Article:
Features of standing waves such as nodes and anti-nodes can be seen in a spring that is fixed at one end and vibrated at the other end.


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Possible Incorporated Topics:

  • Standing Waves
  • Springs
  • Longitudinal Waves



A longitudinal wave sent down the length of a spring can be seen as a zone of compression followed by a zone of rarefaction. The wave will eventually reflect off of the other end of the spring and travel back.

If a second wave is traveling out as the first wave is traveling back, the two waves will interfere with one another. If one end of the spring is oscillated at certain frequencies, a standing wave (or resonance) appears in the spring. One then sees points on the spring which are standing still (nodes) and other points which are oscillating vigorously (anti-nodes).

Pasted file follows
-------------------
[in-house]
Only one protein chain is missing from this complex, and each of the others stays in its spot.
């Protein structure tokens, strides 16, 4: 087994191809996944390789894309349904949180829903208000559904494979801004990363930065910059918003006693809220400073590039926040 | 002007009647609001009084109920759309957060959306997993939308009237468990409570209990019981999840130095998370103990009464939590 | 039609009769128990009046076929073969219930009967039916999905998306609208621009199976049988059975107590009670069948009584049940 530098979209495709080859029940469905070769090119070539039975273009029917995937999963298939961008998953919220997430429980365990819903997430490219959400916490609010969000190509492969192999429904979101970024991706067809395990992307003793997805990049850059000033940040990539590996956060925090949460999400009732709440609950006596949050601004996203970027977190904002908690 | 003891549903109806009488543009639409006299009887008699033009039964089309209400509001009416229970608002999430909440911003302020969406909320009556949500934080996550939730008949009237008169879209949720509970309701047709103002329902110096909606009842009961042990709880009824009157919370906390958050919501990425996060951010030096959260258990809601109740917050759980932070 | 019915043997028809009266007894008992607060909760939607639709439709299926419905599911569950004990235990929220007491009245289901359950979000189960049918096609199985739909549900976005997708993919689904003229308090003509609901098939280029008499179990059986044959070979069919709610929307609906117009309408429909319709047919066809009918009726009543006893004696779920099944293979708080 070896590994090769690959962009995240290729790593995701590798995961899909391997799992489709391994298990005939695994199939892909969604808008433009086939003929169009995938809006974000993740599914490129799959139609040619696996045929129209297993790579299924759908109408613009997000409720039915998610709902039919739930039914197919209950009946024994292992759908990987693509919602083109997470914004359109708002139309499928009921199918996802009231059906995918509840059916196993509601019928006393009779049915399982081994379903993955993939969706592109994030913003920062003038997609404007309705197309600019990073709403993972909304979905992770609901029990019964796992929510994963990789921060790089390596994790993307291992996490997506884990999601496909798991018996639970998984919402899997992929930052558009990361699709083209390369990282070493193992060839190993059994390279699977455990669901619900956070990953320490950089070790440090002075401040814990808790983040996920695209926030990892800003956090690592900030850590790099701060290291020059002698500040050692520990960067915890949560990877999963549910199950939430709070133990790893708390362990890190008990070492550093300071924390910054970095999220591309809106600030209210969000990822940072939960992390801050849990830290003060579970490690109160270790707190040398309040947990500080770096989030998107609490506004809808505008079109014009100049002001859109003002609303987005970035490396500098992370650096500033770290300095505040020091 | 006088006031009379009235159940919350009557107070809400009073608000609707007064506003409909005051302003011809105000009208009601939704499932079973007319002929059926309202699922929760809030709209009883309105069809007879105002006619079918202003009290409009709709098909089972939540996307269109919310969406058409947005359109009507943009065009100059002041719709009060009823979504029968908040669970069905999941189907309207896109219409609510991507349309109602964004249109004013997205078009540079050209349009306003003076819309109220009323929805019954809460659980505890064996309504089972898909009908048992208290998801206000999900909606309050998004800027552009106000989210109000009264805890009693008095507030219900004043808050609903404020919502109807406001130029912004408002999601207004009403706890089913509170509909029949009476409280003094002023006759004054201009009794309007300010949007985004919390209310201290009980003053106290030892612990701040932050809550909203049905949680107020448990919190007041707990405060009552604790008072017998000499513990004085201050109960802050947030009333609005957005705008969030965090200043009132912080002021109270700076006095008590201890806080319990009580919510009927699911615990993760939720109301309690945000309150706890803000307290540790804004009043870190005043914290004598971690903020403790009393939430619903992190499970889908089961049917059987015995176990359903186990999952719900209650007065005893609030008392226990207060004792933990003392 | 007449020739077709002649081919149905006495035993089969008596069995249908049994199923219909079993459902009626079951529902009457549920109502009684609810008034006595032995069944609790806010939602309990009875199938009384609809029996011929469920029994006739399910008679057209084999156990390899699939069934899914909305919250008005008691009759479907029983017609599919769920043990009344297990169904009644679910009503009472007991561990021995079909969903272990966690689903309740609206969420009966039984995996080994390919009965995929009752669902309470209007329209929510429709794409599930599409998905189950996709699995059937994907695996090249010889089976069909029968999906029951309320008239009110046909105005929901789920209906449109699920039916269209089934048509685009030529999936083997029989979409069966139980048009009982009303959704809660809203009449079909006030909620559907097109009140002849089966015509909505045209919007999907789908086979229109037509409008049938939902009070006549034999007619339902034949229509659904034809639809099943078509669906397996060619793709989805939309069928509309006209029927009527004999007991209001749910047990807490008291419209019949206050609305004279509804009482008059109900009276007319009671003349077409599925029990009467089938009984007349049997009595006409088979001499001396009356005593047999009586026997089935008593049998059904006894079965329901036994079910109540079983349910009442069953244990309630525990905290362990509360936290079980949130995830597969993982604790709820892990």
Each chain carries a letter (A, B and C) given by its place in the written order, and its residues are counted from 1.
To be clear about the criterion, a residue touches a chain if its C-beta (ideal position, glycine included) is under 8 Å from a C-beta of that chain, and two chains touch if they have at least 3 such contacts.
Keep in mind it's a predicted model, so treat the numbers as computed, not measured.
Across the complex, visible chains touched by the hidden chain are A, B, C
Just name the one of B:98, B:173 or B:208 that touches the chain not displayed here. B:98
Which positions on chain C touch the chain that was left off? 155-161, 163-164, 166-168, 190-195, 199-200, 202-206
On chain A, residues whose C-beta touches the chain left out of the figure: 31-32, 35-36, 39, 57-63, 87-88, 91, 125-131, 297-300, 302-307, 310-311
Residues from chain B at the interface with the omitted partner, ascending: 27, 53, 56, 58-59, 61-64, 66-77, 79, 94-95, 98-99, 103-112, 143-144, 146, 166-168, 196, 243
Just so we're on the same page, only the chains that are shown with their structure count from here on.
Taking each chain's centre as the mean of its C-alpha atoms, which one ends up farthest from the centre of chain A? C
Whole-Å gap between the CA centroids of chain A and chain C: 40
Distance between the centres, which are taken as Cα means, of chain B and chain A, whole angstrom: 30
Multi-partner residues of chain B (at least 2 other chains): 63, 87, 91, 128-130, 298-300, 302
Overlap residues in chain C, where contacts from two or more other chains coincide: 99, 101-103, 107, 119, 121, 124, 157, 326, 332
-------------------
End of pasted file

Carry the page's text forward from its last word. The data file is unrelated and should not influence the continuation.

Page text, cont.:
Increasing the frequency of oscillation of the spring will make the spring oscillate chaotically. As the frequency of oscillation approaches another resonant frequency, standing waves again appear on the spring. This new oscillation mode (or standing wave pattern) has one more node than the previous one.

Oscillating Mode

Figure 1: Three visible nodes

Chaotic Oscillations

Figure 2: Increasing frequency

Next Oscillating Mode

Figure 3: Six visible nodes


  • Mechanical vibrator
  • Frequency counter
  • Frequency oscillator
  • Spring
  • Clamps
  • Metal stand

Oscillator Equipment

Figure 4: Set-up


  • Set up the apparatus as shown in the picture to the right.
  • Hang the spring from a clamp, then attach the spring to the mechanical vibrator.
  • Turn on the frequency counter along with the low frequency oscillator. It will take a few moments for the equipment to warm up.
  • Adjust the frequency until you see nodes and anti-nodes within the spring.
  • Slowly increase the frequency to the next resonance level, where you will again witness nodes and anti-nodes.